February 16, 2022
Estimated reading time: 4 minutes
BlockFi to register crypto under securities laws
The US Securities and Exchange Commission has reached a settlement of $100 million with crypto lending platform, BlockFi, for violating securities laws. Not only is this settlement the largest of its kind to be recorded against a crypto firm, it is yet another move from the US regulator to bring cryptoasssets under the umbrella of securities laws.
In a press release, the SEC announced that it has agreed a $100m settlement with BlockFi Lending LLC for “failing to register the offers and sales of its retail crypto lending product”. It found that, between March 2019 and February 2022, BlockFi had offered BlockFi Interest Accounts (BIAs) to the general public. Through these accounts, investors had lent crypto assets to BlockFi and received a promise for a variable monthly interest payment in return.
The SEC found that BIAs are securities and, as such, BlockFi was required to register its offers and sales with the SEC. BlockFi had failed to register and did not qualify for an exemption from SEC registration. With this in mind, the SEC found that BlockFi has operated as an unregistered company for more than 18 months. It also found that BlockFi had made false statements regarding the level of risk surrounding its products.
In settling the case – which BlockFi has neither admitted or denied – the crypto firm has said it will now take steps to bring its business within the provisions of the Investment Company Act and, moreover, its parent company now intends to register under the Securities Act of 1993 under the umbrella of offering and selling a new lending product.
Commenting on the settlement, SEC Chair Gary Gensler – who famously takes a keen interest in the crypto landscape – said:
“Today’s settlement makes clear that crypto markets must comply with time-rested securities laws, such as the Securities Act of 1933 and the Investment Company Act of 1940. It further demonstrates the Commission’s willingness to work with crypto platforms to determine how they can come into compliance with those laws.”
Meanwhile Director of the SEC’s Division of Enforcement, Gurbir Grewal, encouraged similar firms to “take immediate notice of today’s resolution and come into compliance with the federal securities laws.”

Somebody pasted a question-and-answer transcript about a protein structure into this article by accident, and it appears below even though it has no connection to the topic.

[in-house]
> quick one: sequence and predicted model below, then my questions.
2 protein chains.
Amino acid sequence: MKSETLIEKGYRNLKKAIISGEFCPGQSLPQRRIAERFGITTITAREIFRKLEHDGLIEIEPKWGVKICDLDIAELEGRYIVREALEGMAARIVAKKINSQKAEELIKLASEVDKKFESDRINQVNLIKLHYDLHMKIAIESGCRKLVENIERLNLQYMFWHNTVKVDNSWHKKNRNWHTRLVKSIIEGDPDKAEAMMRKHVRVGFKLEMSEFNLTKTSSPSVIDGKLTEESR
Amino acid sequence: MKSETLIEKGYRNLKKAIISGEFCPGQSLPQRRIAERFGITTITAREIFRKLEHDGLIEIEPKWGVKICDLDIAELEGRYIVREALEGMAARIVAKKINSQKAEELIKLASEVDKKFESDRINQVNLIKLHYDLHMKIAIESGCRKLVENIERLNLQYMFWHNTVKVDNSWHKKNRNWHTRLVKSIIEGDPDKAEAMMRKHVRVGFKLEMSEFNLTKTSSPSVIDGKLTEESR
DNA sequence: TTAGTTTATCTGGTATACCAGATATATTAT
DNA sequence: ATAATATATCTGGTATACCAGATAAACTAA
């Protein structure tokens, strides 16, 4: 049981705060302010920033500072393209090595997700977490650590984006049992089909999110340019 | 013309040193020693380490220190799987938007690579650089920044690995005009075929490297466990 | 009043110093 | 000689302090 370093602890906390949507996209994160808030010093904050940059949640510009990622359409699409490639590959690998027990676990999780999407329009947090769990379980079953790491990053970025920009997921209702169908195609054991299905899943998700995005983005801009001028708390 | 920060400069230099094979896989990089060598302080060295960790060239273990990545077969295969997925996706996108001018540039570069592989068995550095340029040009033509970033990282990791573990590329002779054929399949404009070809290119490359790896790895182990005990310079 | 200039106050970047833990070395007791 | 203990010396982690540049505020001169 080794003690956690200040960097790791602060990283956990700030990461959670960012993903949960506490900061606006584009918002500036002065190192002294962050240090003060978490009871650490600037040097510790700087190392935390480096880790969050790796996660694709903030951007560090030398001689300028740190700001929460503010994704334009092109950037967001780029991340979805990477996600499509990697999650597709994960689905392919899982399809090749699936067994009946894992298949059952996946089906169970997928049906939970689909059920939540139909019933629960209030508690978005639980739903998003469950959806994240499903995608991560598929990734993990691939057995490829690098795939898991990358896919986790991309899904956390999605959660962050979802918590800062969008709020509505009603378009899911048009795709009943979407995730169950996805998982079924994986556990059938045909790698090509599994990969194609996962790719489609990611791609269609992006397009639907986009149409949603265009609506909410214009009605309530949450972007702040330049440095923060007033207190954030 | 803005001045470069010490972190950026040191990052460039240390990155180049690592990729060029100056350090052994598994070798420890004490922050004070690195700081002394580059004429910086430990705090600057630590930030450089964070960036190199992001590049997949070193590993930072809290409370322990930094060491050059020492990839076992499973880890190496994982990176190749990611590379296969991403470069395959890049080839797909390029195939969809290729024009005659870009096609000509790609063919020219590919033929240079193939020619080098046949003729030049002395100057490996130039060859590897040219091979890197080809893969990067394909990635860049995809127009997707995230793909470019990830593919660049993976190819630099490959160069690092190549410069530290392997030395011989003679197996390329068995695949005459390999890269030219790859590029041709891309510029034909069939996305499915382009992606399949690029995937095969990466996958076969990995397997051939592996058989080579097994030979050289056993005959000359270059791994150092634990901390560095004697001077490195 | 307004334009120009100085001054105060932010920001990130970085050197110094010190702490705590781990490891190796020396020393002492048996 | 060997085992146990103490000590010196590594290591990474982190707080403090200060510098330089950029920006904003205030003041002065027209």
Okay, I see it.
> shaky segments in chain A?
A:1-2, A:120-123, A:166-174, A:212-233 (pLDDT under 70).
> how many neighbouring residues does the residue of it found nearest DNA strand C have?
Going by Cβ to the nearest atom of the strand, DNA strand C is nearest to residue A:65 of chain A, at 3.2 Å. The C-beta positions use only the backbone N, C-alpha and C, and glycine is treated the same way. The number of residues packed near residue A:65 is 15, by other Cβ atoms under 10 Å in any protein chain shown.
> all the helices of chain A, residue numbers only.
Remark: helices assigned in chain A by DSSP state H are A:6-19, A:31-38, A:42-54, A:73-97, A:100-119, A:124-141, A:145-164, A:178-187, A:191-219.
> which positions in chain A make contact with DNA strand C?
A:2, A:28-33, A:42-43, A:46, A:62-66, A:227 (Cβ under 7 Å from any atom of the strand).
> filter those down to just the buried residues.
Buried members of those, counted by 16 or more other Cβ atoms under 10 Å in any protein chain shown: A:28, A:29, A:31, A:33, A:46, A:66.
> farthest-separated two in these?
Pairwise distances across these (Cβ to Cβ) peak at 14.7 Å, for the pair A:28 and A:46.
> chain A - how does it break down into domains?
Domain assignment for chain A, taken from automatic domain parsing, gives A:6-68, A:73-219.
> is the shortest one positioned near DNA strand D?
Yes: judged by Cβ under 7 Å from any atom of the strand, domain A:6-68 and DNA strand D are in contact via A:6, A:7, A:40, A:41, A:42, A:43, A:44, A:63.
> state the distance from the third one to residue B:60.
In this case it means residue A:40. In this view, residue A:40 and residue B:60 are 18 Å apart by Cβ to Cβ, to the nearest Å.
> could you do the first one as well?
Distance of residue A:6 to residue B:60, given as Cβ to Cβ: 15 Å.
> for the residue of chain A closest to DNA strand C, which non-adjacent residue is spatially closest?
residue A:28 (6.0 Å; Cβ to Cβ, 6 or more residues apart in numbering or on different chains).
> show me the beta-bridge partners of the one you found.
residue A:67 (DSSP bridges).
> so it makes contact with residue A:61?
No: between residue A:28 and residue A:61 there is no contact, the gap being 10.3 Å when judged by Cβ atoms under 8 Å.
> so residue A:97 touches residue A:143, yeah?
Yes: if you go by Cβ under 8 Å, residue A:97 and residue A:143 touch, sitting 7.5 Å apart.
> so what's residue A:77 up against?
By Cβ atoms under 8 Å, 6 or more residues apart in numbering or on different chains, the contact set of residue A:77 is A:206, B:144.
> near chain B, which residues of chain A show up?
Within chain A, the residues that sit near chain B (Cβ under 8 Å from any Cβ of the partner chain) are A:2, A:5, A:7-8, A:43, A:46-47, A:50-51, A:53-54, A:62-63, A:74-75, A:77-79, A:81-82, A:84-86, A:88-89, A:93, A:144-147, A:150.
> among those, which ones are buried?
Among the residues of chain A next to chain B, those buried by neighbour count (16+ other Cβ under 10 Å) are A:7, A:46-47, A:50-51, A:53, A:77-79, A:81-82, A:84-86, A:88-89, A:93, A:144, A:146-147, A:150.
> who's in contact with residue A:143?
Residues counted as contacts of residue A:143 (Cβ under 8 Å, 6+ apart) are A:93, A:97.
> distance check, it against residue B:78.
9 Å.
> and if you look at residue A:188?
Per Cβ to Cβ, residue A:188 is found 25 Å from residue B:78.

The SEC’s enforcement is landmark in more ways than one. Not only is it the highest amount issued by the SEC to a crypto firm to date, it is also the first instance in which Grewal has defiantly called on crypto firms to comply with existing securities laws.
The market for digital assets and cryptocurrency has been evolving rapidly over the last few years. What was initially seen as a libertarian alternative to traditional markets is now a thriving market of its own, embraced by many from experienced investors to new, financial unsavvy investors. With this, risk has emerged. Not only is there a lack of awareness around the risks and robustness of the crypto markets, but there is also a heightened potential for bad-actors and market manipulators in a previously unregulated (or ambiguously regulated) industry.
The SEC’s latest action is a bold step towards regulation for crypto markets, which will come as a relief for some – and present even more challenges for others. For the founders of such products the SEC’s comments will be a hard blow to take, with TechCrunch reporting that it has essentially “wiped out” the emerging decentralized finance (DeFi) ecosystem.
This is not the first time the SEC has moved to regulate emerging DeFi companies. Towards the end of 2021, Coinbase wrote in a blog that “the SEC has told us it wants to sue us over Lend” – Lend being a similar product to BIAs. At the time, Coinbase noted that “mystery and ambiguity only serve to unnecessarily stifle new products that customers want and that Coinbase and others can safely deliver”. In response to the SEC’s action against BlockFi, its Chief Executive, Zac Prince, has said it aims to “find the right path within whatever existing frameworks we need to facilitate the products and services that add value to our clients”. It appears that both companies welcome regulatory certainty, even if it does not go in their favour.
For the compliance team, this means one thing in particular: regulatory change and regulatory interpretation is incoming. In short, more work. At the moment, it looks as though the SEC are keen to bring crypto within the parameters of existing regulation. This broadly fits with messaging from the Office of the Comptroller of the Currency (OCC), who have said that regulators “cannot wait” to address crypto and encourage modernising the regulatory perimeter to cater for crypto and digital assets. Expanding existing frameworks may work for now, but be in no doubt that regulatory change is on the horizon.